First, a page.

Parallelism is often referred to as one of the basic principles of grammar and rhetoric. Parallelism refers to using elements in sentences that are grammatically similar or identical in structure, sound, meaning, or meter. This technique adds symmetry, effectiveness, and balance to the written piece.
Parallelism uses similar words, phrases, or clauses to show that ideas have the same level of importance. This structure improves readability by giving a natural flow to a written work.
For native speakers of English, parallelism is often instinctive. We say, "I like reading, writing, and painting" instead of "I like to read, writing, and painting."
However, one common mistake novice writers make involves failing to keep items in a list after a colon in a parallel form. "Writers can use an online dictionary to find help with these issues: word meanings, pronunciations, and finding correct spellings" does not use a parallel construction. Changing the text to read, "Writers can use an online dictionary to find help with these issues: word meanings, pronunciations, and correct spellings" gives it a parallel construction and improves readability.
Additional examples of parallel sentence structure include:
Parallelism in rhetoric is used to persuade, motivate, and/or evoke emotional responses in an audience and is often used in speeches. The balance between clauses or phrases makes complex thoughts easier to process while holding the reader or listener's attention.
Some examples of parallelism in rhetoric include:
The opening paragraph of Charles Dickens' A Tale of Two Cities is perhaps the best-known example of parallelism in literature. Parallelism is shown by using "it was" to connect opposing ideas.
"It was the best of times, it was the worst of times, it was the age of wisdom, it was the age of foolishness, it was the epoch of belief, it was the epoch of incredulity, it was the season of Light, it was the season of Darkness, it was the spring of hope, it was the winter of despair, we had everything before us, we had nothing before us, we were all going direct to Heaven, we were all going direct the other way."
William Shakespeare often used parallelism in his plays. Consider the following excerpt from Richard II.
"I'll give my jewels for a set of beads,
My gorgeous palace for a hermitage,
My gay apparel for an almsman's gown,
My figured goblets for a dish of wood,
My scepter for a palmer's walking staff
My subjects for a pair of carved saints
and my large kingdom for a little grave."
Diazeugma, using a number of verbs to describe a subject, is also a form of parallelism. This can be seen in "Vacation '58," a short story by John Hughes.
"It wasn't a big cliff. It was only about four feet high. But it was enough to blow out the front tire, knock off the back bumper, break Dad's glasses, make Aunt Edythe spit out her false teeth, spill a jug of Kool-Aid, bump Missy's head, spread the Auto Bingo pieces all over, and make Mark do number two."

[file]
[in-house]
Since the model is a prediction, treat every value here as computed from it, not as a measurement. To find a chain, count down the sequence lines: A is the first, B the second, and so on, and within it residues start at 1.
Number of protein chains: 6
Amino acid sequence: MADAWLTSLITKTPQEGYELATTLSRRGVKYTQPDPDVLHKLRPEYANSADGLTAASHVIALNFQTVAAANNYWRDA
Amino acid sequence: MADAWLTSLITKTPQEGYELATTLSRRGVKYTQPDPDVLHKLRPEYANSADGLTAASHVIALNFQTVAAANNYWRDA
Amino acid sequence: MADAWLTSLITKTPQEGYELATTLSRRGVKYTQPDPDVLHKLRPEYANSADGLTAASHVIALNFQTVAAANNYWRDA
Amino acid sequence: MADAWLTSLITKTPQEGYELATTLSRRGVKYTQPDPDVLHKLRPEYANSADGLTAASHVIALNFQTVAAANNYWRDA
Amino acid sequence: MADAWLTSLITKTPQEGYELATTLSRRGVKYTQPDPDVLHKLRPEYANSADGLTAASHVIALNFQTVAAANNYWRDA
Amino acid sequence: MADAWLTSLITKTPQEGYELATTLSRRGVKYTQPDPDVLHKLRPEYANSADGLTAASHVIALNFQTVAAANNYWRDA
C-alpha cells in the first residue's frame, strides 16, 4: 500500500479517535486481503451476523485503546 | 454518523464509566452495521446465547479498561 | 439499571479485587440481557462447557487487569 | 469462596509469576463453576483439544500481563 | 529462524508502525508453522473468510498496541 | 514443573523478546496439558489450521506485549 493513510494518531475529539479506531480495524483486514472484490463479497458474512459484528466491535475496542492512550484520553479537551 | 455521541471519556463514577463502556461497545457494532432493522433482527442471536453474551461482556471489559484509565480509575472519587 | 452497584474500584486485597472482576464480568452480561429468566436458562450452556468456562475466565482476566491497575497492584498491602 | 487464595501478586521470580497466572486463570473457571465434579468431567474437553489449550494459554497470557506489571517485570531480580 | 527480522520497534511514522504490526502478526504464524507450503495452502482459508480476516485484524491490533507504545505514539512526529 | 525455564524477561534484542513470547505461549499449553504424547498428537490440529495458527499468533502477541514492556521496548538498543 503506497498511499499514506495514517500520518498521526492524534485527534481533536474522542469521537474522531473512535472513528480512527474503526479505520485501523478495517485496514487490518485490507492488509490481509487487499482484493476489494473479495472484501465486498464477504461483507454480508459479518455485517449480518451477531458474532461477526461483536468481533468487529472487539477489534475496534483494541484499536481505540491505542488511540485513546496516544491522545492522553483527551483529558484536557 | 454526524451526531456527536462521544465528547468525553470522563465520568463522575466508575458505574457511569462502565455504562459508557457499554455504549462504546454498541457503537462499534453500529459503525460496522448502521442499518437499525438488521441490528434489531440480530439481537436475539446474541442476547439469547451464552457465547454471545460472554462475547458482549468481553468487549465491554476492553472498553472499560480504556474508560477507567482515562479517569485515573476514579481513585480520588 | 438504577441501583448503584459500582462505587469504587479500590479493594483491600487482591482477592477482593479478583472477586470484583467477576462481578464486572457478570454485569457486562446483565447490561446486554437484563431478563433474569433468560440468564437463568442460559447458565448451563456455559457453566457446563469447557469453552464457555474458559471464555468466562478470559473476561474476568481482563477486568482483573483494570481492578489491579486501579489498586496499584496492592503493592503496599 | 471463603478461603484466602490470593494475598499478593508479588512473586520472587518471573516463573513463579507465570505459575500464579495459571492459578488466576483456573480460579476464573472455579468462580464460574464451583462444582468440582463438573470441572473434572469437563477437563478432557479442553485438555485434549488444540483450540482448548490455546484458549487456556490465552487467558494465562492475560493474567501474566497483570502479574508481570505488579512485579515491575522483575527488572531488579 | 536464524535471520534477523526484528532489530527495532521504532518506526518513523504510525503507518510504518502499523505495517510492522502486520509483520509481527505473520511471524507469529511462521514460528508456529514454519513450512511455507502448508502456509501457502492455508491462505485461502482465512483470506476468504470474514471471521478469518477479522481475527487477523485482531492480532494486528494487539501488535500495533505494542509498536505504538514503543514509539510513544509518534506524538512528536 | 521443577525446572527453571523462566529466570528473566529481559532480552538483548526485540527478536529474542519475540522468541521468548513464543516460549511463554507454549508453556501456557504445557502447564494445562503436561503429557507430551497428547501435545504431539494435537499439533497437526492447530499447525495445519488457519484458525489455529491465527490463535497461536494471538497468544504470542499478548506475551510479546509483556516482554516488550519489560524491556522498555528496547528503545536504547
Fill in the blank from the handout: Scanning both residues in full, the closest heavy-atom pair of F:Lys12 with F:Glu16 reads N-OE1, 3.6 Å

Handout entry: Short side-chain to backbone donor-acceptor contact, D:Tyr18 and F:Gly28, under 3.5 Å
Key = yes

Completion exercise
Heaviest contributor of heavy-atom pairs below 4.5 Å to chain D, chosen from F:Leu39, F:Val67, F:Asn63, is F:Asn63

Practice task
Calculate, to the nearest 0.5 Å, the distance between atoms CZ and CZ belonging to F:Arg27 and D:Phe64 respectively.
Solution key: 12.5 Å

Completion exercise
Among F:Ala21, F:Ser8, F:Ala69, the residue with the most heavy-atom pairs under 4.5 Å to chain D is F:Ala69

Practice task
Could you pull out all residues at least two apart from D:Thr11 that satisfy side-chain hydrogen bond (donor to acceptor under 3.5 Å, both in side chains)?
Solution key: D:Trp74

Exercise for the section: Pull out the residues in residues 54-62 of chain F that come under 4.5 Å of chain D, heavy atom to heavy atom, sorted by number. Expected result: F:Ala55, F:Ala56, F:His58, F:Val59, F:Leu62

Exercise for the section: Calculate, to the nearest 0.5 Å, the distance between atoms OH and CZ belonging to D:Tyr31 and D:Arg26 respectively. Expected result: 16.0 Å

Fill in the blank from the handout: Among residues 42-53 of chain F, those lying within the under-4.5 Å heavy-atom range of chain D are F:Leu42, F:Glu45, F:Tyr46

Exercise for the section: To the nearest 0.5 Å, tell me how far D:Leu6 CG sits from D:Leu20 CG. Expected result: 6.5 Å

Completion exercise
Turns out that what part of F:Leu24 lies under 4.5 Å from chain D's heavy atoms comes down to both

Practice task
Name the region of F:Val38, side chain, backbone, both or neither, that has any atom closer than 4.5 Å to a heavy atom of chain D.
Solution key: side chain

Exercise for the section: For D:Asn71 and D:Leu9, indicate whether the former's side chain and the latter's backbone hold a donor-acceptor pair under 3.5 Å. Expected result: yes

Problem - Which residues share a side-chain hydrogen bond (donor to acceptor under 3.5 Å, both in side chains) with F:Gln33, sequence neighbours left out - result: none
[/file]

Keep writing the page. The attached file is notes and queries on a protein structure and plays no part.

"Shooting an Elephant," an essay by George Orwell, uses the experience of hunting an aggressive elephant in Burma as a metaphor for British Imperialism. Starting each phrase with "some" creates a parallel structure that reinforces how easy it is for observers of the same event to have entirely different opinions.
"Some of the people said that the elephant had gone in one direction, some said that he had gone in another, some professed not even to have heard of any elephant."
The poem "The Tyger" by William Blake uses repetition of "what" to create a pleasing rhythm.
"What the hammer? what the chain?
In what furnace was thy brain?
What the anvil? What dread grasp
Dare its deadly terrors clasp?"
"How Do I Love Thee?" by Elizabeth Barrett Browning also creates rhythmic verse with repetition of the parallel structure "I love thee."
"How do I love thee? Let me count the ways.
I love thee to the depth and breadth and height
My soul can reach, when feeling out of sight
For the ends of being and ideal grace.
I love thee to the level of every day's
Most quiet need, by sun and candle-light.
I love thee freely, as men strive for right.
I love thee purely, as they turn from praise.
I love thee with the passion put to use
In my old griefs, and with my childhood's faith.
I love thee with a love I seemed to lose
With my lost saints. I love thee with the breath,
Smiles, tears, of all my life; and, if God choose,
I shall but love thee better after death."
"Community" by John Donne contrasts ideas of "good" and "love" with "ill"and "hate" using parallel structure.
"Good we must love, and must hate ill,
For ill is ill, and good good still;
But there are things indifferent,
Which we may neither hate, nor love,
But one, and then another prove,
As we shall find our fancy bent."
E.E. Cummings' poem "love is more thicker than forget" uses the words "love is" and "more" or "less" to create a parallel structure that explains the meaning of love.
"love is more thicker than forget
more thinner than recall
more seldom than a wave is wet
more frequent than to fail
it is most mad and moonly
and less it shall unbe
than all the sea which only
is deeper than the sea
love is less always than to win
less never than alive
less bigger than the least begin
less littler than forgive"
Reading written text out loud is often an effective way to identify examples of parallelism or areas that need editing to maintain a parallel structure. Listening to the rhythm of words as they flow from your tongue will help you maintain the desired balance in your writing, whether you're writing a persuasive essay or a romantic love poem.